Indian Project Trains Muslim Women to be Photographers, Defies Fatwa

An educational project in India is encouraging Muslim women to take up photography, in defiance of a controversial fatwa issued earlier this year that said the practice was "unIslamic."

Woman's advocacy group Aawaaz-e-Niswaan -- which is based in the Mumbai suburb of Kurla -- has trained more than a dozen women in photography skills, going against of regional customs and, now, this particular fatwa.

Photography is a Sin, According to India’s Leading Islamic Seminary

Update: The rector of Darul Uloom came out to clarify some of the statements included in the original Hindustan Times article quoted in this post. We have included the significant portion of the update at the bottom.

In response to a question by an engineering graduate who wanted to follow his passion for photography, Darul Uloom, India's leading Islamic seminary, issued a fatwa declaring photography and that particular career path "unlawful and a sin."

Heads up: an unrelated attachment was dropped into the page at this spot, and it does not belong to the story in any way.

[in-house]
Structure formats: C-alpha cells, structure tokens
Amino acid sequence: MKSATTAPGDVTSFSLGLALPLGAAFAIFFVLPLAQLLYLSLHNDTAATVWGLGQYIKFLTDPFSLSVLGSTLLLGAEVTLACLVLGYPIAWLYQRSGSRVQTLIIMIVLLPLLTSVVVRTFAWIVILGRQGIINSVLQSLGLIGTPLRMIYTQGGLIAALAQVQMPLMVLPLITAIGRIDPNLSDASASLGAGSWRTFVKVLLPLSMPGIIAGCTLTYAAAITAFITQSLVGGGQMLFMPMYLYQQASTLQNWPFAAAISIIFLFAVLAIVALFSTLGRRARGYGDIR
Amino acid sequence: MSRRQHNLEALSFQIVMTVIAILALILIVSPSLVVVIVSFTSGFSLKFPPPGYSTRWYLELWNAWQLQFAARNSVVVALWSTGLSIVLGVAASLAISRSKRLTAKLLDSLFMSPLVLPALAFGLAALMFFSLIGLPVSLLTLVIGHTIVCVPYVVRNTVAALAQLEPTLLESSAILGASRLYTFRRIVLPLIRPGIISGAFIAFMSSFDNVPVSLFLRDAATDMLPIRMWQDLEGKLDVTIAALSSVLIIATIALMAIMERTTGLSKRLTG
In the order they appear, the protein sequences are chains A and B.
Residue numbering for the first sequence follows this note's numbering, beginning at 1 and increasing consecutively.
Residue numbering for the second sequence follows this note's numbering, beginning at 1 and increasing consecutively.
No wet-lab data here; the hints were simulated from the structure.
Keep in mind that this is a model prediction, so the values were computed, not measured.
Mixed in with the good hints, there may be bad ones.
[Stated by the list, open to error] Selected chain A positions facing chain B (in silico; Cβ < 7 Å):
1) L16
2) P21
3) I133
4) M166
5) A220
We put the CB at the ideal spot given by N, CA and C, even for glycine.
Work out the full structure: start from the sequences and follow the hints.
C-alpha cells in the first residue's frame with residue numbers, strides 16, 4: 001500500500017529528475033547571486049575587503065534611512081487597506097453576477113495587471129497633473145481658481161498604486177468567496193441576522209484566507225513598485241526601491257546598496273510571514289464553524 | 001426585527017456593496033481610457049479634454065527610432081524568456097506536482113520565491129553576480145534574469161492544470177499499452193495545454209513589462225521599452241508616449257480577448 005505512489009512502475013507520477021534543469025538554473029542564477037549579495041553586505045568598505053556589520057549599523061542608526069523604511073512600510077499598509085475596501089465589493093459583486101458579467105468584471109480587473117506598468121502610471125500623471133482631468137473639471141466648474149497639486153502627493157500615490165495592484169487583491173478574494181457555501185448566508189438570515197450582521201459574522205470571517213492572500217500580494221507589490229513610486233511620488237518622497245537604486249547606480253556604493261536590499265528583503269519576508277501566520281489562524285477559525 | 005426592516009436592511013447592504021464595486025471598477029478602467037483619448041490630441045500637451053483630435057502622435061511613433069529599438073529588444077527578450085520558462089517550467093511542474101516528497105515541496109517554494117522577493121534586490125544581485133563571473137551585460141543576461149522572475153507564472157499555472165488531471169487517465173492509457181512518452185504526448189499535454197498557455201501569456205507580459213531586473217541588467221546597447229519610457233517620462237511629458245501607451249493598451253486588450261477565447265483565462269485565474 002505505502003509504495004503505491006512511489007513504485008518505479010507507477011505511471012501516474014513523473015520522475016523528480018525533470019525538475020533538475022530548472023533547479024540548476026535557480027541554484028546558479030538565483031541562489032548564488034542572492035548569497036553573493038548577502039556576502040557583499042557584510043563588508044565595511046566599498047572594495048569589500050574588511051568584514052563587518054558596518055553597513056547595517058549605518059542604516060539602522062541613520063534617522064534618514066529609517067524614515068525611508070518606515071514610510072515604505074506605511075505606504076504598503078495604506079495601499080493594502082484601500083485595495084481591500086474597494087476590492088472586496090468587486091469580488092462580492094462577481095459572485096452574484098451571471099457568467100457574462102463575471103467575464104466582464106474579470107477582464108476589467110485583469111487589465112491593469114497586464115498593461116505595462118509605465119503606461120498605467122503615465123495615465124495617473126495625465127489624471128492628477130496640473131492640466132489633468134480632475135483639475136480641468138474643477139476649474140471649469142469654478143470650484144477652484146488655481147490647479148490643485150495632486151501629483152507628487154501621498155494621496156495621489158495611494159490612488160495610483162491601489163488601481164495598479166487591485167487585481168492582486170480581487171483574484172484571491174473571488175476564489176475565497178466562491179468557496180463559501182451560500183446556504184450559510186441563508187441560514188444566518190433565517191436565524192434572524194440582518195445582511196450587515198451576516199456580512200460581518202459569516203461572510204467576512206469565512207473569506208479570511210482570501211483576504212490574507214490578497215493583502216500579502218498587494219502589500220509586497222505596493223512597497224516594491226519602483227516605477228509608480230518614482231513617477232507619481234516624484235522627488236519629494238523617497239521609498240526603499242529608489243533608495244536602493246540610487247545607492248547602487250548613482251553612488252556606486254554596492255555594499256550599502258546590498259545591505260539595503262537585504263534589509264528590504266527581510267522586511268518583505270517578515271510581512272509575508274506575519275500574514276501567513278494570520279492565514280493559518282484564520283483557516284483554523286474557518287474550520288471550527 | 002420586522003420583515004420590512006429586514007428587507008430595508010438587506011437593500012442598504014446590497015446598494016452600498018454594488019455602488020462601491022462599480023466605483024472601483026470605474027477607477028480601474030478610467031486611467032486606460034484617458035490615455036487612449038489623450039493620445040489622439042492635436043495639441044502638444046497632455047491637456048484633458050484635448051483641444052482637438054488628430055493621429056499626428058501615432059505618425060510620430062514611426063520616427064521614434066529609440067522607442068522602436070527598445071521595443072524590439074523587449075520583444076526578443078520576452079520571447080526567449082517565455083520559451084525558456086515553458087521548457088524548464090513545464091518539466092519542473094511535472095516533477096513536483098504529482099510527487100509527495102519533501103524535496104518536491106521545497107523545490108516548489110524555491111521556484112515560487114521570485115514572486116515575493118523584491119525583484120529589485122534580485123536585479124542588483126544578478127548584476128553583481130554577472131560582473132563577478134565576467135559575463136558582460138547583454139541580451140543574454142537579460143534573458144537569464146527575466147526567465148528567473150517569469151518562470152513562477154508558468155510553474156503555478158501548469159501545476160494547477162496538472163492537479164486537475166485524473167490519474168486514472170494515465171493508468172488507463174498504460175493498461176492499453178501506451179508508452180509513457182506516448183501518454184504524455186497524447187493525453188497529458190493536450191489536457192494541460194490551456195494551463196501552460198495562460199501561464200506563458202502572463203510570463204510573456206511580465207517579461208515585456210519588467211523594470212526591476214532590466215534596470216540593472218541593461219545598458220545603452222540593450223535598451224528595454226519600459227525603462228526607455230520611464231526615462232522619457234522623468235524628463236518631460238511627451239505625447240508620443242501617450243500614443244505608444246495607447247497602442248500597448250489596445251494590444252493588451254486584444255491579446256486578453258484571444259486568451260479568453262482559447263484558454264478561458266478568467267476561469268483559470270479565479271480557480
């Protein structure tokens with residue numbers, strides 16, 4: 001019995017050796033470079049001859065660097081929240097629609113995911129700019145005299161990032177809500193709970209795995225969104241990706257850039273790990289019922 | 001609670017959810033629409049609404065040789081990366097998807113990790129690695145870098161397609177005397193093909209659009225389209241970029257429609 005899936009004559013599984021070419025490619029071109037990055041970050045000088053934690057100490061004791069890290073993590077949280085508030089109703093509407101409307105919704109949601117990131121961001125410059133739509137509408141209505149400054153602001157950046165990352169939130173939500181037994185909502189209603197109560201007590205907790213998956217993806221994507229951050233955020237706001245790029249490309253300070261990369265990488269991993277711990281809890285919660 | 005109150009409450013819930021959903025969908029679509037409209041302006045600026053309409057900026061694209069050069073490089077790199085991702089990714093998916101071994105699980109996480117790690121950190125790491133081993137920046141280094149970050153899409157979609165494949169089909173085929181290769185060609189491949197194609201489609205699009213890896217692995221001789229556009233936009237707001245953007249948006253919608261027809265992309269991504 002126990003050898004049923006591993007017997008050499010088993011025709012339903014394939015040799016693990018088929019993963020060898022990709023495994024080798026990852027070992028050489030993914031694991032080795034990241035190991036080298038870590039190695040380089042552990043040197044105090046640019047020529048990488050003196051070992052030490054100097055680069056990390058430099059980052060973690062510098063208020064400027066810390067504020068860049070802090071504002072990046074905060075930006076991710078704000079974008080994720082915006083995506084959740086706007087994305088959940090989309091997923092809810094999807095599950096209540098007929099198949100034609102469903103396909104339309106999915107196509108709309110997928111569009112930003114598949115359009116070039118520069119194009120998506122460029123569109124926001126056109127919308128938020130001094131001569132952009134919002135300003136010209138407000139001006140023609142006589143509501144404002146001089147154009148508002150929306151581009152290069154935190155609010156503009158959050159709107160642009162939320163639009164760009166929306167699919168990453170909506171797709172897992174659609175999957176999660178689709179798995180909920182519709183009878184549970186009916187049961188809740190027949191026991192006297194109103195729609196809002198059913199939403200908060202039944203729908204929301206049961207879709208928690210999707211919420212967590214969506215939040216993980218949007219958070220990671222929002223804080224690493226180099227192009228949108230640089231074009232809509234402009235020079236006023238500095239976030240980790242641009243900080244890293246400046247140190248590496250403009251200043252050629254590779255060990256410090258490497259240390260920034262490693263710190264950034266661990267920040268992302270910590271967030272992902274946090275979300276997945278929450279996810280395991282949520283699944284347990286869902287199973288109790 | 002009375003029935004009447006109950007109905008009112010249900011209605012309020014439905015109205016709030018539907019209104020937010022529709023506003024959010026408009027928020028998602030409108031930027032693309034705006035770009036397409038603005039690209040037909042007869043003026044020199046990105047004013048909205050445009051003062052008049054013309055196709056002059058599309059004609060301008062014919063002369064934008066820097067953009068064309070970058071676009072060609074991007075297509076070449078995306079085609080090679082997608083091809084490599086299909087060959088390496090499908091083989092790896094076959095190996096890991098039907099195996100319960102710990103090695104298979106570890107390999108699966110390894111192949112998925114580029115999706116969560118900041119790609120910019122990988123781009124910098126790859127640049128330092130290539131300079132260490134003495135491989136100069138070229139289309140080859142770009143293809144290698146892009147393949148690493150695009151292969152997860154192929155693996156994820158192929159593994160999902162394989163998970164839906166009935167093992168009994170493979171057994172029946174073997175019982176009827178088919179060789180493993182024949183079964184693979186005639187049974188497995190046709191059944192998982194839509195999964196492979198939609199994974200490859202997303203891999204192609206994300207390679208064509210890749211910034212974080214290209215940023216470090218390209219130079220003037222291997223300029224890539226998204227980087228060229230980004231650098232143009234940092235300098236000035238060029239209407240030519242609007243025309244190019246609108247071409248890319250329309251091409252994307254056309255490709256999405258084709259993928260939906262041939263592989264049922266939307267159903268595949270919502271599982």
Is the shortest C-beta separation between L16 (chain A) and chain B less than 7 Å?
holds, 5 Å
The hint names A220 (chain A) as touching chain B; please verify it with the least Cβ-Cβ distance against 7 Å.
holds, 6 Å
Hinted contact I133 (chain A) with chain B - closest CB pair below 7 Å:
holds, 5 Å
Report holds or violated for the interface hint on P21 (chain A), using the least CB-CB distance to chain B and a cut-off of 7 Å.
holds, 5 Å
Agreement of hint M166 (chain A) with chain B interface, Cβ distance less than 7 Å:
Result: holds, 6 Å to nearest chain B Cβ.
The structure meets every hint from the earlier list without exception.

Photographer Captures Intimate Photos of Mecca with a Medium-Format Camera

Mecca in Saudi Arabia is considered to be the holiest city of Islam, and is only accessible to Muslims. 38-year-old London photographer Toufic Beyhum wanted to document what a pilgrimage is like for a Muslim and to "portray the peaceful and spiritual side of Islam", so he brought along a Hasselblad 500 medium-format camera when he visited the city. His images -- a few of which were snapped in locations where photography was prohibited -- offer an intimate look at locations that most people will never be allowed to see in their lifetimes.